Contact a local arts collective/hackerspace/makerspace/gallery/co-working space and ask to give a talk about your experience
Join a thing or volunteer with a group you like or start your own (examples: hackerspaces, collectives, etc)
Curate! Have an idea for a collection of cool things? Put out a call and find other like minded folks and do a show.
Find/build a community around a shared physical space or a topic you are really into
Meetup.com in your area may be a good source of groups to join
How to eat and *maybe* pay rent:
Apply for grants
Apply for a residency
Teach a class or classes
If you like working with kids, find a school or afterschool group and pitch them a recurring event involving hands-on activities or interactive programming. There's huge demand for this, and parents can usually pay $20+ per session
Identify organizations in your area that have done work similar to what you're interested in, and find someone there for an "informational interview" about project goals or how you could be a technical/creative consultant for them
Develop a skill that's easy to work freelance with; technical writing, video editing, programming, curriculum design, web design
Join in for a night of refreshments and books as we celebrate the release of Raiford Guins' video game history and preservation book GAME AFTER: A CULTURAL STUDY OF VIDEO GAME AFTERLIFE (MIT Press, 2014). Following a reading, Raiford will present on the mystery of the Atari Landfill and the recent excavation project in Alamogordo, NM, which he attended as an on-site expert.
Raiford Guins is an Associate Professor of Culture and Technology within the Department of Cultural Analysis and Theory at Stony Brook University. Aside from almost ten years of writing on video game history and culture, Raiford has been a leading force in preserving the legacy of William A. Higinbotham and his 1958 analog computer game Tennis for Two. Additionally, Raiford is Founding Principal Editor with the Journal of Visual Culture.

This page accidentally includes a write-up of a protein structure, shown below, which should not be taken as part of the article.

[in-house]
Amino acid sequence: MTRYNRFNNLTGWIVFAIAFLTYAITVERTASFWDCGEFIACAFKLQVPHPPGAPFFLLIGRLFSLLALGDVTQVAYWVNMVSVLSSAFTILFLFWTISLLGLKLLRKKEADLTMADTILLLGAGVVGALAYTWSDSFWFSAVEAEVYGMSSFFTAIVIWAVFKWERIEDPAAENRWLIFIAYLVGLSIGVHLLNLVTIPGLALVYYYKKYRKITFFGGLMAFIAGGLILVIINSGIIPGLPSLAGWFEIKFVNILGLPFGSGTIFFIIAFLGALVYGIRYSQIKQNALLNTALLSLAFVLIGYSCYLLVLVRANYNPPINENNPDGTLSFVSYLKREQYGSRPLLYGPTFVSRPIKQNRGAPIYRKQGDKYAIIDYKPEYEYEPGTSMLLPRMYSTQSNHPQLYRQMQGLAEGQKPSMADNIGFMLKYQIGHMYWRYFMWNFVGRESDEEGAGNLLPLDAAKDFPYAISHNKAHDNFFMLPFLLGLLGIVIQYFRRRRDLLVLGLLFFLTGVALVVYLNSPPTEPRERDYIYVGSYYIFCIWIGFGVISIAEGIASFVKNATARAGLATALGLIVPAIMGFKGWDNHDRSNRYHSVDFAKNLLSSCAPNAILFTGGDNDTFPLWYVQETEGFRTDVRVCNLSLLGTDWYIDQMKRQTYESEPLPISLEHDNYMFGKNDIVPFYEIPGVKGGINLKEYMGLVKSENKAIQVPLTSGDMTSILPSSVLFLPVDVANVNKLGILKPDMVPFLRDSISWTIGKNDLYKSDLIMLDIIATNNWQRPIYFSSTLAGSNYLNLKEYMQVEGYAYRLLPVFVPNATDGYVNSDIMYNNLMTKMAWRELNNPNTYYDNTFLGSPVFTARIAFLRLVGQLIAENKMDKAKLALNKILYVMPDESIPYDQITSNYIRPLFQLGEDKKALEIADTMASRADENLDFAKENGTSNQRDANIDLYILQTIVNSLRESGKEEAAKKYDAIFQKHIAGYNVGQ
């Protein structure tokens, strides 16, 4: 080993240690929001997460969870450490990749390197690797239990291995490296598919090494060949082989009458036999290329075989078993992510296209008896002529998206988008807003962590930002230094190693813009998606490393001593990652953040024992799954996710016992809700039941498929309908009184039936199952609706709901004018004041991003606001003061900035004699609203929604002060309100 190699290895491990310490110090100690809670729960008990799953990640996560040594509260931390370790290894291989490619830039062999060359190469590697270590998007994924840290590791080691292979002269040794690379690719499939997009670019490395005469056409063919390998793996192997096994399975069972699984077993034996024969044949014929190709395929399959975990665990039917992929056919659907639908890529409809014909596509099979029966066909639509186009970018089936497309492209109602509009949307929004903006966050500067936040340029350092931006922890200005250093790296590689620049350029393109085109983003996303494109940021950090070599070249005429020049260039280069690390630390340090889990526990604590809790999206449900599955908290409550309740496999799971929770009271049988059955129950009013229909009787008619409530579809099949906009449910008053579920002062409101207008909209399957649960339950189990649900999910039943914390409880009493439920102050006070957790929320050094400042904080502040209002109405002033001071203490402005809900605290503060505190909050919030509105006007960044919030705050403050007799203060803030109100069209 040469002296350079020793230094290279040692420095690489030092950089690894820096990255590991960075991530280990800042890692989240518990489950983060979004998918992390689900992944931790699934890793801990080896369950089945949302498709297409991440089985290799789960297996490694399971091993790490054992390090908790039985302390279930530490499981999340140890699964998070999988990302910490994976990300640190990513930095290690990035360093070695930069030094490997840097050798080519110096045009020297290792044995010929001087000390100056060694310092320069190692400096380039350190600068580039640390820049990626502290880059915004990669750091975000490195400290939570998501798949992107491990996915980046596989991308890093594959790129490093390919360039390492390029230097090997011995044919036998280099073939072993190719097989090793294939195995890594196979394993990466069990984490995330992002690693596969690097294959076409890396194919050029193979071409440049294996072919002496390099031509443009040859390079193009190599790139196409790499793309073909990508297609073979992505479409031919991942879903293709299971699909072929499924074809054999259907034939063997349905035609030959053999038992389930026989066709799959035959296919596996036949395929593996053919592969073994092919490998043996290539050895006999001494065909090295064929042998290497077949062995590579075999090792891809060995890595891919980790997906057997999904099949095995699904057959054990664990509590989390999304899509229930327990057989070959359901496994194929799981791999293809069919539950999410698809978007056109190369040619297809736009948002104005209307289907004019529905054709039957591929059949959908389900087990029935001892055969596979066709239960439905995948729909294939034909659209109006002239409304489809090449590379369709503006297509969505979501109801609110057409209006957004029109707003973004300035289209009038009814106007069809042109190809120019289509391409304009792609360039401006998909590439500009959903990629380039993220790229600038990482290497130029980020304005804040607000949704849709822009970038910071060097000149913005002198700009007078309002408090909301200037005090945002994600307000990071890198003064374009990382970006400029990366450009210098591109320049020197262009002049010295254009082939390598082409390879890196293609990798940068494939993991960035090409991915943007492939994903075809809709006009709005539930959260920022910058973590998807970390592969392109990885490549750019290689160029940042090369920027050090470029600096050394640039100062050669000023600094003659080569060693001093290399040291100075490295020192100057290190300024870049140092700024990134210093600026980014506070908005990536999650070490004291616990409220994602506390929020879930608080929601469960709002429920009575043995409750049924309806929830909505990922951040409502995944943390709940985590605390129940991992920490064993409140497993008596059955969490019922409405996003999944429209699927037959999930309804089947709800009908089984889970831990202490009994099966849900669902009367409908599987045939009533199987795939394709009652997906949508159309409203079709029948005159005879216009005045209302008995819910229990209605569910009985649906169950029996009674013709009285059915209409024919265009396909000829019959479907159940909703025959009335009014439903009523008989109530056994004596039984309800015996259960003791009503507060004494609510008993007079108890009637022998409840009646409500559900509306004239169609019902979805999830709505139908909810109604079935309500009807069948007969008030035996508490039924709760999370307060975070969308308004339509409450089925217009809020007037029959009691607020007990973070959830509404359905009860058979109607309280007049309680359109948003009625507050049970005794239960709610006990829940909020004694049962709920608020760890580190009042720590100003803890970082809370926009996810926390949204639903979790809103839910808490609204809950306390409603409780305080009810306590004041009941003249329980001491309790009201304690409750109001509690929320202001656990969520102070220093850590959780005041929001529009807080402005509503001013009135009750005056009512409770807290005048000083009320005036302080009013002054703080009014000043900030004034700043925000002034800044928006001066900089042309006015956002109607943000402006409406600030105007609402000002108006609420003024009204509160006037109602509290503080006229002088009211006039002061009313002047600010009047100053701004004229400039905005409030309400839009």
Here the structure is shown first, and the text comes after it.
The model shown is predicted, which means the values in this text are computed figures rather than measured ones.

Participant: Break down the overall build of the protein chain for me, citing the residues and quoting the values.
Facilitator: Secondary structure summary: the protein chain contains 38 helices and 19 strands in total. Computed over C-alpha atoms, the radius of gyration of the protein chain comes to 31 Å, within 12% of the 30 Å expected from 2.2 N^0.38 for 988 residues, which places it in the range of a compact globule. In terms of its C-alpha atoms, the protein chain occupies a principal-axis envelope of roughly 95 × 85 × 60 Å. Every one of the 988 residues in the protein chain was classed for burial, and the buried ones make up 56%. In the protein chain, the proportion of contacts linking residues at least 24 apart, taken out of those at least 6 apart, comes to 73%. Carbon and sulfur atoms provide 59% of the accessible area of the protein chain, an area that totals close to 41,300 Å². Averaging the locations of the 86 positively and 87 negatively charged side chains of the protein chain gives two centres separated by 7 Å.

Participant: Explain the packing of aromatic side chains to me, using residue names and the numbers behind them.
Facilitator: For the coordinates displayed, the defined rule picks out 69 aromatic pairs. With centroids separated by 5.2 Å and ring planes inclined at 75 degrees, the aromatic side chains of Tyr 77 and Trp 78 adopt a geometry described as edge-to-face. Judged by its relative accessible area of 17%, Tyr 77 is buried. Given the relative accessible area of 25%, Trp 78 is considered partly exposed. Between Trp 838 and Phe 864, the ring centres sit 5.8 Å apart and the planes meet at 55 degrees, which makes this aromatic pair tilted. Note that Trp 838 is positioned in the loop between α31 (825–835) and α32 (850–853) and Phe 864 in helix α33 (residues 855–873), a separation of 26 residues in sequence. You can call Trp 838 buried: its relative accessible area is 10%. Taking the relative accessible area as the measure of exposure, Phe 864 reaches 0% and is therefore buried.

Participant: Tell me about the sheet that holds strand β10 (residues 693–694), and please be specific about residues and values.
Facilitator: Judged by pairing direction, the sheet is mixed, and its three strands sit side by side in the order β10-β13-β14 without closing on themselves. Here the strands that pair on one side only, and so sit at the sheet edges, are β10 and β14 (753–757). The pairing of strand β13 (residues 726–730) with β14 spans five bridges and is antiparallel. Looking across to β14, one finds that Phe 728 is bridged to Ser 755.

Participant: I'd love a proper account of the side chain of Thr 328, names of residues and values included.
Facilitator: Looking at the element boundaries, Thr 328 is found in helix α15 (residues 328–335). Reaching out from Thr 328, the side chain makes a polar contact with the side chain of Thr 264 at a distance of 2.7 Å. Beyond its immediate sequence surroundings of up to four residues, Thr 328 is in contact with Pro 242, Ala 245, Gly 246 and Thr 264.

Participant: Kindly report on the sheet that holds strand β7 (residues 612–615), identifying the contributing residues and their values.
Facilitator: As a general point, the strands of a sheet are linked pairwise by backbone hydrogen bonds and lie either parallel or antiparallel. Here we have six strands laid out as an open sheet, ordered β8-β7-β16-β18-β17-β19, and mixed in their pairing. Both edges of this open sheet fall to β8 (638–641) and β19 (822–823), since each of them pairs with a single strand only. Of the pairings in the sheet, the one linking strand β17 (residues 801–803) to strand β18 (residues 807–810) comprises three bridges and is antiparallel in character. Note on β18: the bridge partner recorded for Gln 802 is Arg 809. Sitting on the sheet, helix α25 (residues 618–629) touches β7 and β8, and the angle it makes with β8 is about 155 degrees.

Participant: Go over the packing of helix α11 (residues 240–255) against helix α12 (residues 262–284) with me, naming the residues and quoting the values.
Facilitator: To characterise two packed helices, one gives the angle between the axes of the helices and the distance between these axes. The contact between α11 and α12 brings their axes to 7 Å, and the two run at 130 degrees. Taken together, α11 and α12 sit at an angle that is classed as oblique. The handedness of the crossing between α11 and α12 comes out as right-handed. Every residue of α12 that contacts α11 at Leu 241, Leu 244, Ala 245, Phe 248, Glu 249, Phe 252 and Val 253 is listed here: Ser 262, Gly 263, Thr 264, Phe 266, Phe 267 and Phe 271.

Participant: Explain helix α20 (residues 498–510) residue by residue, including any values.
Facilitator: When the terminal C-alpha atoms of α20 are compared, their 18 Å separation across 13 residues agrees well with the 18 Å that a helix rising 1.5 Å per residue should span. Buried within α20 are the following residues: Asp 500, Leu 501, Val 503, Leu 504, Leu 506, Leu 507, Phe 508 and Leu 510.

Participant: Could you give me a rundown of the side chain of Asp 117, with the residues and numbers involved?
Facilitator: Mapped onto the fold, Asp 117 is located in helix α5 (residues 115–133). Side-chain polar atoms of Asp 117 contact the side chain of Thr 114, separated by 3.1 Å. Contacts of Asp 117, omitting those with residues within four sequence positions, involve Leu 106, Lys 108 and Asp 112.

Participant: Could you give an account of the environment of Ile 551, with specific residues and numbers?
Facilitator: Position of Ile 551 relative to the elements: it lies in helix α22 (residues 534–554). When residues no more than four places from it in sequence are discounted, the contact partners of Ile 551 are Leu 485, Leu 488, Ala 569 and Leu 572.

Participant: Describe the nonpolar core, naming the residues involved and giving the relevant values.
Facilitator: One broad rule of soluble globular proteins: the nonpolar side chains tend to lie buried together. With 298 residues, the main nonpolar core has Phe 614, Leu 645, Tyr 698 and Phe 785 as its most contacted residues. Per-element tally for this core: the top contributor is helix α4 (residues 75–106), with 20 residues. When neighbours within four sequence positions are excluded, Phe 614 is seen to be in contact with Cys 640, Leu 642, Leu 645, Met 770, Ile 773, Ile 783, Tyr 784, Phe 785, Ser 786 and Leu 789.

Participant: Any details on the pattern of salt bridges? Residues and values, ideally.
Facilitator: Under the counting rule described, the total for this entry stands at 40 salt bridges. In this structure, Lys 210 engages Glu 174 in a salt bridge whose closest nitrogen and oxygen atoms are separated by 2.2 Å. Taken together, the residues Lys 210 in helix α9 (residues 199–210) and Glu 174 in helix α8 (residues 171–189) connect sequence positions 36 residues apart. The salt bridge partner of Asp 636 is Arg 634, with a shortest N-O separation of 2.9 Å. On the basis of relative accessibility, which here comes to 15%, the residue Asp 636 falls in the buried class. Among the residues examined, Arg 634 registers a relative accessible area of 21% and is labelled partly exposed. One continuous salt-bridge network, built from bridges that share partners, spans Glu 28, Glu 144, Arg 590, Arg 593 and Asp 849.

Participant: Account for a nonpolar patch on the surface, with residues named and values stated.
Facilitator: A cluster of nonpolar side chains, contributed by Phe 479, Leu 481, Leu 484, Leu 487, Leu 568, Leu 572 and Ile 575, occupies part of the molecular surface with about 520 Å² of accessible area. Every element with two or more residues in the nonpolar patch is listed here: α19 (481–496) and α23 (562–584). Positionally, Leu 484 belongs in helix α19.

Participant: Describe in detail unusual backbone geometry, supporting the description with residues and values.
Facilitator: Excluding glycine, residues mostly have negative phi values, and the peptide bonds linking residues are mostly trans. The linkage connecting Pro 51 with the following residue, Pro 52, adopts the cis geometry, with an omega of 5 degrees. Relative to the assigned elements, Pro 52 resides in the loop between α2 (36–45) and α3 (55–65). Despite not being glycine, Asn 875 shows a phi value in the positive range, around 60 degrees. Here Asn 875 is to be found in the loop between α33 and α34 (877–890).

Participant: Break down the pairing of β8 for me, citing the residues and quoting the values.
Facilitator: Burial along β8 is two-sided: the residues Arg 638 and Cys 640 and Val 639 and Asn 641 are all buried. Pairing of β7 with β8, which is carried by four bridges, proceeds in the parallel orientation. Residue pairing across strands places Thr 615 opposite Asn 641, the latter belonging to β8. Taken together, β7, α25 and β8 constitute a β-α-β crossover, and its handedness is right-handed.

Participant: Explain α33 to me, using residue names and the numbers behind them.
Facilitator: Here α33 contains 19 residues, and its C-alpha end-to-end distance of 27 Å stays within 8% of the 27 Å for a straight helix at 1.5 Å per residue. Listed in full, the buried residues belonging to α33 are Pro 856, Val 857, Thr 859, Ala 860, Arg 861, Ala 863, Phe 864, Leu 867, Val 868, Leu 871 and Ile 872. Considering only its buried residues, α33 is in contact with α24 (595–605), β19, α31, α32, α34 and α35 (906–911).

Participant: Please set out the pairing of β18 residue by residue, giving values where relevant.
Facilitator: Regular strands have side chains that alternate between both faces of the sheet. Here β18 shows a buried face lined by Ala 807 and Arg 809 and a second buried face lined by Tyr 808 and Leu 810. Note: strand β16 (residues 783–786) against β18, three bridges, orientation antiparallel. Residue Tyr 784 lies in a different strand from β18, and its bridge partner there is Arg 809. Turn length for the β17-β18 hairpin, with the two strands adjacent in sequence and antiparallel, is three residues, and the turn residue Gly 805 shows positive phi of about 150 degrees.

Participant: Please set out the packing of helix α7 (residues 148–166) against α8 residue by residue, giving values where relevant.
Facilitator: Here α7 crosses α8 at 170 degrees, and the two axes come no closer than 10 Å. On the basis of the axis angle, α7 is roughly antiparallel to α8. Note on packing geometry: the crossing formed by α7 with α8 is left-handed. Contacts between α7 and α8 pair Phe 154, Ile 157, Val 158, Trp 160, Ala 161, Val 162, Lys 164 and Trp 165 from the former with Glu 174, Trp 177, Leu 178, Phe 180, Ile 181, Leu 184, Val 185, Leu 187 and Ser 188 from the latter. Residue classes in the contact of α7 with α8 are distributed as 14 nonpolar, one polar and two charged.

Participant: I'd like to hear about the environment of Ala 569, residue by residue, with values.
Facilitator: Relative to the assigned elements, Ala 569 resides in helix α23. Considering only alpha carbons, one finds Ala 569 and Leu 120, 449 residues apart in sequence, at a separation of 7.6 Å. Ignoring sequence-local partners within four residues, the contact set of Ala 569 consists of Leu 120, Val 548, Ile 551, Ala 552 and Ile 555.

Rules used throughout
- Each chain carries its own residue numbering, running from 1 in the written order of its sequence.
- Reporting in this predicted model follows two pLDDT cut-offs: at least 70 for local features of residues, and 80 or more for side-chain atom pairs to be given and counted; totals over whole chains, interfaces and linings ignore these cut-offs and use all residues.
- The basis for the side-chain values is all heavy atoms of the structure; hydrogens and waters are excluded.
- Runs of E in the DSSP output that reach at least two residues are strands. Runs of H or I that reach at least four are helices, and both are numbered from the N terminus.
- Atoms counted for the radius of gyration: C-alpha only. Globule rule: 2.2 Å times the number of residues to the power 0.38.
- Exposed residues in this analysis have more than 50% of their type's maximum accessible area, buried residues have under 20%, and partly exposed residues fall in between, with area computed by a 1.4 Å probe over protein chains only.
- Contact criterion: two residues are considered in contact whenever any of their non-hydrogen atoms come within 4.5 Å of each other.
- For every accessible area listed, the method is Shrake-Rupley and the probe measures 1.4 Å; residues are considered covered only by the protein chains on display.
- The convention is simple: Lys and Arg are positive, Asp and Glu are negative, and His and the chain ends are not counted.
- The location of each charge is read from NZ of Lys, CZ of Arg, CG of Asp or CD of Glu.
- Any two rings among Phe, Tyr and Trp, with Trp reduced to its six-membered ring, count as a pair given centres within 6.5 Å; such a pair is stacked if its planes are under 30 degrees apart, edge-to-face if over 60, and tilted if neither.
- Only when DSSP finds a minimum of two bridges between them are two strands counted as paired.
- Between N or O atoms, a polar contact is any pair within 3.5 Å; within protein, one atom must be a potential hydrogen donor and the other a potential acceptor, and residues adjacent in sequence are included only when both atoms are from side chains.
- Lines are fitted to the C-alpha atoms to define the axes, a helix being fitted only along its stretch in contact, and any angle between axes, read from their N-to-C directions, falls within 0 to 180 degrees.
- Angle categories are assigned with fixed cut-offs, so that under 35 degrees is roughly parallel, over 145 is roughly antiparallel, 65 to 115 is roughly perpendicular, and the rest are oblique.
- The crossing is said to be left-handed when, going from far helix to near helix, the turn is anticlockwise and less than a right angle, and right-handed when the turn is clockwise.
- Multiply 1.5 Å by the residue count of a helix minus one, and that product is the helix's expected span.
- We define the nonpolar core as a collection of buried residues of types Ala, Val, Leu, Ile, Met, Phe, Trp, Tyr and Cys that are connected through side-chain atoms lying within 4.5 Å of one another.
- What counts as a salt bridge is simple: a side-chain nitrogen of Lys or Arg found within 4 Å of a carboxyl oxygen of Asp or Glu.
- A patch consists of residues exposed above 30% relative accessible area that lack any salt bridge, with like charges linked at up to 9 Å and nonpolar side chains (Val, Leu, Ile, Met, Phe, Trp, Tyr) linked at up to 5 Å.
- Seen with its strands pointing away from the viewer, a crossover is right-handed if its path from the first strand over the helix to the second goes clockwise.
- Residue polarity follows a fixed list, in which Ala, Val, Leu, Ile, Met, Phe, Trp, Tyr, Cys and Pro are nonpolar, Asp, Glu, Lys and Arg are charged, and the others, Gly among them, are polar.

Copies of Game After will be available for purchase. Follow @Sierra_Offline for event updates and previews.
In addition to the basic concepts of Abstraction, Compression, Integration and Concretization, I will talk briefly about ENIAC as a starting point for a possibly different history of computing. (Decimal numbering system, Parallel communications, Vacuum tubes, Patching,
Taeyoon CThat circuit contained a pair of "triodes"-three-element vacuum tubes-only one of which conducted current at any one time. When the circuit was triggered by an external pulse of current, each tube in it "flipped" into its opposite state: conducting or nonconducting. (H. J. Reich of the University of Illinois called the Eccles-Jordan circuit a "trigger" circuit in his writings, which were widely read. The IBM engineers working on electronic calculators in the 1940's remember the circuit by Reich's name; after the war the term flip-flop came into common use.)13